Chapter published in:The Diachrony of Classification Systems
Edited by William B. McGregor and Søren Wichmann
[Current Issues in Linguistic Theory 342] 2018
► pp. 107–134
Diachronic and synchronic aspects of the simplification of grammatical gender in an obsolescent language
The case of Irish
The comparison of two corpora of spoken Irish – one representative of a traditional variety as spoken in 1964, the other of the language spoken today on Irish-language media – reveals a number of differences in the way gender agreement is marked on different agreement targets. The difference is minimal in terms of article–noun agreement and most conspicuous with pronominal agreement. An intermediate position is occupied by noun–adjective agreement within the noun phrase. This study suggests that the gender system of Irish, historically based on both semantic and morphological assignment, is becoming purely semantic, similar in this to the gender system which characterized the final stages of a number of now-extinct Celtic varieties. In their final stages, these exhibited a purely semantic gender assignment system, whereby feminine agreement was limited to anaphoric pronouns with female antecedents. Within the noun phrase, feminine agreement markers were only found in a few fossilized expressions. Irish currently appears to be at an intermediate stage along the path towards a similar system.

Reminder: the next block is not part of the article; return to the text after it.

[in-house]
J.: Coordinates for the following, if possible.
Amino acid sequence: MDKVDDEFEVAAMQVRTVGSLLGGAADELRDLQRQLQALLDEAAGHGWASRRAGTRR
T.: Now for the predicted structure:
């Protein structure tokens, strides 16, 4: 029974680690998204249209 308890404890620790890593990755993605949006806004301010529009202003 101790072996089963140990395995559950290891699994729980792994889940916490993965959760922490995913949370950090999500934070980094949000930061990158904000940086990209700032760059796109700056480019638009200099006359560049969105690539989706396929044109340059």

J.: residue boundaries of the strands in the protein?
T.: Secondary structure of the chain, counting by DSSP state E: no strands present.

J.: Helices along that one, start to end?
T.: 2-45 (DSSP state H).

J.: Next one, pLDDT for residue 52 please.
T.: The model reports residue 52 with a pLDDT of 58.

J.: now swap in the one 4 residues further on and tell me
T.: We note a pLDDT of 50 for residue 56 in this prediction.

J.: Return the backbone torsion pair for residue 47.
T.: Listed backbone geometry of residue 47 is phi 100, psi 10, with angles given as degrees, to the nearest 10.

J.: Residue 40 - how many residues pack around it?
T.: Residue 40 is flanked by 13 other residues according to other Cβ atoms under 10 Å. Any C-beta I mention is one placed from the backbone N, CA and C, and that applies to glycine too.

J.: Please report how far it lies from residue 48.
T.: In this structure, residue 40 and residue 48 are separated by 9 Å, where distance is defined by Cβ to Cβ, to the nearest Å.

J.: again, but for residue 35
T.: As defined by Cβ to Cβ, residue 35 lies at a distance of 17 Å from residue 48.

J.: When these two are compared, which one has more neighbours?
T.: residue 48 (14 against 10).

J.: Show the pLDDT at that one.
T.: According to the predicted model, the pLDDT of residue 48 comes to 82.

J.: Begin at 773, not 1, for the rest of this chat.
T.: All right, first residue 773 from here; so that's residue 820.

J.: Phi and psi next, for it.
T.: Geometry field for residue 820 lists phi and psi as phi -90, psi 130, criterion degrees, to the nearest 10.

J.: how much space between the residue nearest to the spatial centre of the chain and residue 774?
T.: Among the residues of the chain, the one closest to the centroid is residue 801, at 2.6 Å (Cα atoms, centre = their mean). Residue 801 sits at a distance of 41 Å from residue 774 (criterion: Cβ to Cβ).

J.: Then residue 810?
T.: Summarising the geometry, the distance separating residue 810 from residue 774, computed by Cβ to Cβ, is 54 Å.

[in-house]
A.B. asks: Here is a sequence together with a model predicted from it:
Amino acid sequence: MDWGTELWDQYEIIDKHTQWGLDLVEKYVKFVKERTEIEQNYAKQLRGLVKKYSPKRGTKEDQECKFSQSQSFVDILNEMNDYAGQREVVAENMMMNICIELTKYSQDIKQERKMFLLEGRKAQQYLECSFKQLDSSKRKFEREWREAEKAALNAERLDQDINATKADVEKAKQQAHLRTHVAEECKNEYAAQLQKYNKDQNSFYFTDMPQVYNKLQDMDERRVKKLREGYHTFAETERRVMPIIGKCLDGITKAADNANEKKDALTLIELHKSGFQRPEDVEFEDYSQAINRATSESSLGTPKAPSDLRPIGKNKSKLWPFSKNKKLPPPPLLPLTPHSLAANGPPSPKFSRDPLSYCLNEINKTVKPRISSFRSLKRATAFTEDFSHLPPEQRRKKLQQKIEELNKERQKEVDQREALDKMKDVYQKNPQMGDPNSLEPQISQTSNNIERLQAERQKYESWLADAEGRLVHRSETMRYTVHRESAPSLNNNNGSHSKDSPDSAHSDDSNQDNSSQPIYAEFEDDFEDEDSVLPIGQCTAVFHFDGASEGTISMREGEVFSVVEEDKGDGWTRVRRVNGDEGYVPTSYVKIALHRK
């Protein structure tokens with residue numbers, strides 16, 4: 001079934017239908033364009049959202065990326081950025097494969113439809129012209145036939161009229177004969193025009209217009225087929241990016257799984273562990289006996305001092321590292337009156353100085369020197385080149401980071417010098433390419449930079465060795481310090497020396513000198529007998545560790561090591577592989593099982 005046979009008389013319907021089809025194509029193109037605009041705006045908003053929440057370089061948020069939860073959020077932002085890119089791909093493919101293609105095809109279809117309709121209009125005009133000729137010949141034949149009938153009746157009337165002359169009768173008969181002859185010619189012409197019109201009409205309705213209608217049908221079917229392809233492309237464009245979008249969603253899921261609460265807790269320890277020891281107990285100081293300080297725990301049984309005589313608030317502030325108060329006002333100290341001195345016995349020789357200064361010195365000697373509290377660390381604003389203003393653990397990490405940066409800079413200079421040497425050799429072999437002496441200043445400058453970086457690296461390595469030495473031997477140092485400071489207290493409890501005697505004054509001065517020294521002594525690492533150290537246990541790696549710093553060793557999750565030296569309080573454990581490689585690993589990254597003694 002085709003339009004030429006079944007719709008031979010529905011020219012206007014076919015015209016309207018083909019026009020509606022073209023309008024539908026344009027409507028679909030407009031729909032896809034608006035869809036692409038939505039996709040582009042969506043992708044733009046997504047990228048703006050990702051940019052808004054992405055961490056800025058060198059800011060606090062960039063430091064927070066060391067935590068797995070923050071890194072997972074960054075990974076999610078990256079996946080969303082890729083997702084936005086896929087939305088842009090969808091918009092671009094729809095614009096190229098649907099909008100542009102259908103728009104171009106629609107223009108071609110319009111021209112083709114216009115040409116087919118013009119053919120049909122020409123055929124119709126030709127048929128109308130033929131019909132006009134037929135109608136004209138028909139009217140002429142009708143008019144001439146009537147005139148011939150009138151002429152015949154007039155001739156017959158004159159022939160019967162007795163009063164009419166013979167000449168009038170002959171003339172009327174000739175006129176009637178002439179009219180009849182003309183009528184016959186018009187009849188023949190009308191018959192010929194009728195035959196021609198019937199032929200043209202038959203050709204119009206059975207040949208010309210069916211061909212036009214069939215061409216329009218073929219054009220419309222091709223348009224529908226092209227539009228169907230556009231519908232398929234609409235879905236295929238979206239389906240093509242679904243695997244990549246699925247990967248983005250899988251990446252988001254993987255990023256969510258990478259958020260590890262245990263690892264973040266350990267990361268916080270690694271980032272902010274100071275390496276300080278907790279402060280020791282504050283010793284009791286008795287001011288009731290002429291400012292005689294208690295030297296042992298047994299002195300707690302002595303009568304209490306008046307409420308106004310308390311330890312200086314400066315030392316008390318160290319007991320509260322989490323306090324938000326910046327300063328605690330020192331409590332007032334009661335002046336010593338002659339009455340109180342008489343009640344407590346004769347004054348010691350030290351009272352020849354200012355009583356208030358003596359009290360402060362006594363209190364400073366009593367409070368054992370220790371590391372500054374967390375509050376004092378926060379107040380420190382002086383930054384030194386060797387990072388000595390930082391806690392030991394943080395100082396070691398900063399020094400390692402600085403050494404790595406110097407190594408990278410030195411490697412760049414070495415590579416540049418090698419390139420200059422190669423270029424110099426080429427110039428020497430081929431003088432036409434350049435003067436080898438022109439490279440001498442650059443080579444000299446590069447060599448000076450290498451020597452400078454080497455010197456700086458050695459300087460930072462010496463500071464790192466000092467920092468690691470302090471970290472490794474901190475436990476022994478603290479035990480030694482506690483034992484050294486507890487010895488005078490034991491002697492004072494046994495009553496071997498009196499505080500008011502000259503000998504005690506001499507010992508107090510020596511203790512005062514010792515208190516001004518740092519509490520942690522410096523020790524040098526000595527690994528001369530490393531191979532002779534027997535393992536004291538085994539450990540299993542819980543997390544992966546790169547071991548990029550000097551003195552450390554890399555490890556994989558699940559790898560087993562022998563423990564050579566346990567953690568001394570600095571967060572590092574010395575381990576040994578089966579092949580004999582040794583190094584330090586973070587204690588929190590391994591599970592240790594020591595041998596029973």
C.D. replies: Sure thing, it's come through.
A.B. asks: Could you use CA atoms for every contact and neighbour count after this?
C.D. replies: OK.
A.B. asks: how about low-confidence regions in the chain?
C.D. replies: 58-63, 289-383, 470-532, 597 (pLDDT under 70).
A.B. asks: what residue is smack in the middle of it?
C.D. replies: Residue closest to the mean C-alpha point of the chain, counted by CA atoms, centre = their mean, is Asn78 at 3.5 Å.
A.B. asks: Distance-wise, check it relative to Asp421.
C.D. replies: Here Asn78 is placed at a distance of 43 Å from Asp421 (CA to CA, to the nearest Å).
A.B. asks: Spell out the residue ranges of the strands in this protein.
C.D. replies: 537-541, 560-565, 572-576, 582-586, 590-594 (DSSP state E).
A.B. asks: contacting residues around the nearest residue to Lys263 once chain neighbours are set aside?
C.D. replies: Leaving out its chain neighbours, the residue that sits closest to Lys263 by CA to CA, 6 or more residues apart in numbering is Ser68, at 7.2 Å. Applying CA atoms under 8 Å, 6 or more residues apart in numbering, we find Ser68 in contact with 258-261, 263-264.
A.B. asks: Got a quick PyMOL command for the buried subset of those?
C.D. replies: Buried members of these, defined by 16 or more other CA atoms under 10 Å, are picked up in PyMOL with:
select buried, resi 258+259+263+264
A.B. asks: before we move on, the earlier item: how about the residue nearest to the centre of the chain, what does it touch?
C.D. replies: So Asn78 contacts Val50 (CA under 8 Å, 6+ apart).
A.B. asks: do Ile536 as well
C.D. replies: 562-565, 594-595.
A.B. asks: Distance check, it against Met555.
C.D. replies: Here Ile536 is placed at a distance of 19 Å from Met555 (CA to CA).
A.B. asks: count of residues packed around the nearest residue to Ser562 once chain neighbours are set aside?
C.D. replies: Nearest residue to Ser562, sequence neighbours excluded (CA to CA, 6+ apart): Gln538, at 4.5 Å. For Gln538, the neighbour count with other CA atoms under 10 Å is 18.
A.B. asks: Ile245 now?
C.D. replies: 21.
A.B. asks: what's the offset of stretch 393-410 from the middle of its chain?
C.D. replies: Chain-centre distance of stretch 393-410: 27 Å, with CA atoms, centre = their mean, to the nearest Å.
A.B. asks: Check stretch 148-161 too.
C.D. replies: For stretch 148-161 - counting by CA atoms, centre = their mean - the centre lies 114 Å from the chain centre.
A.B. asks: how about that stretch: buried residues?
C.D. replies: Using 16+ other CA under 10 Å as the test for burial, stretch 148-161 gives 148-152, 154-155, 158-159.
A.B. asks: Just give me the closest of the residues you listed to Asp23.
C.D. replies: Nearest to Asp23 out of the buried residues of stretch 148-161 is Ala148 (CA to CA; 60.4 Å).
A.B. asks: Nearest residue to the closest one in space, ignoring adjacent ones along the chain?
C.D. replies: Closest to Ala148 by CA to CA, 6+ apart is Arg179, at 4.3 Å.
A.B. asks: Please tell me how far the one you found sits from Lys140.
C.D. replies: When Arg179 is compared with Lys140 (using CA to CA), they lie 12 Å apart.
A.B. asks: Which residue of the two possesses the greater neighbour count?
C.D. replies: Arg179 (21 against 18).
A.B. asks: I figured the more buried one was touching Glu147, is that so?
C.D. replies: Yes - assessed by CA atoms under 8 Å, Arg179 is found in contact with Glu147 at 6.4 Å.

Published online: 14 May 2018
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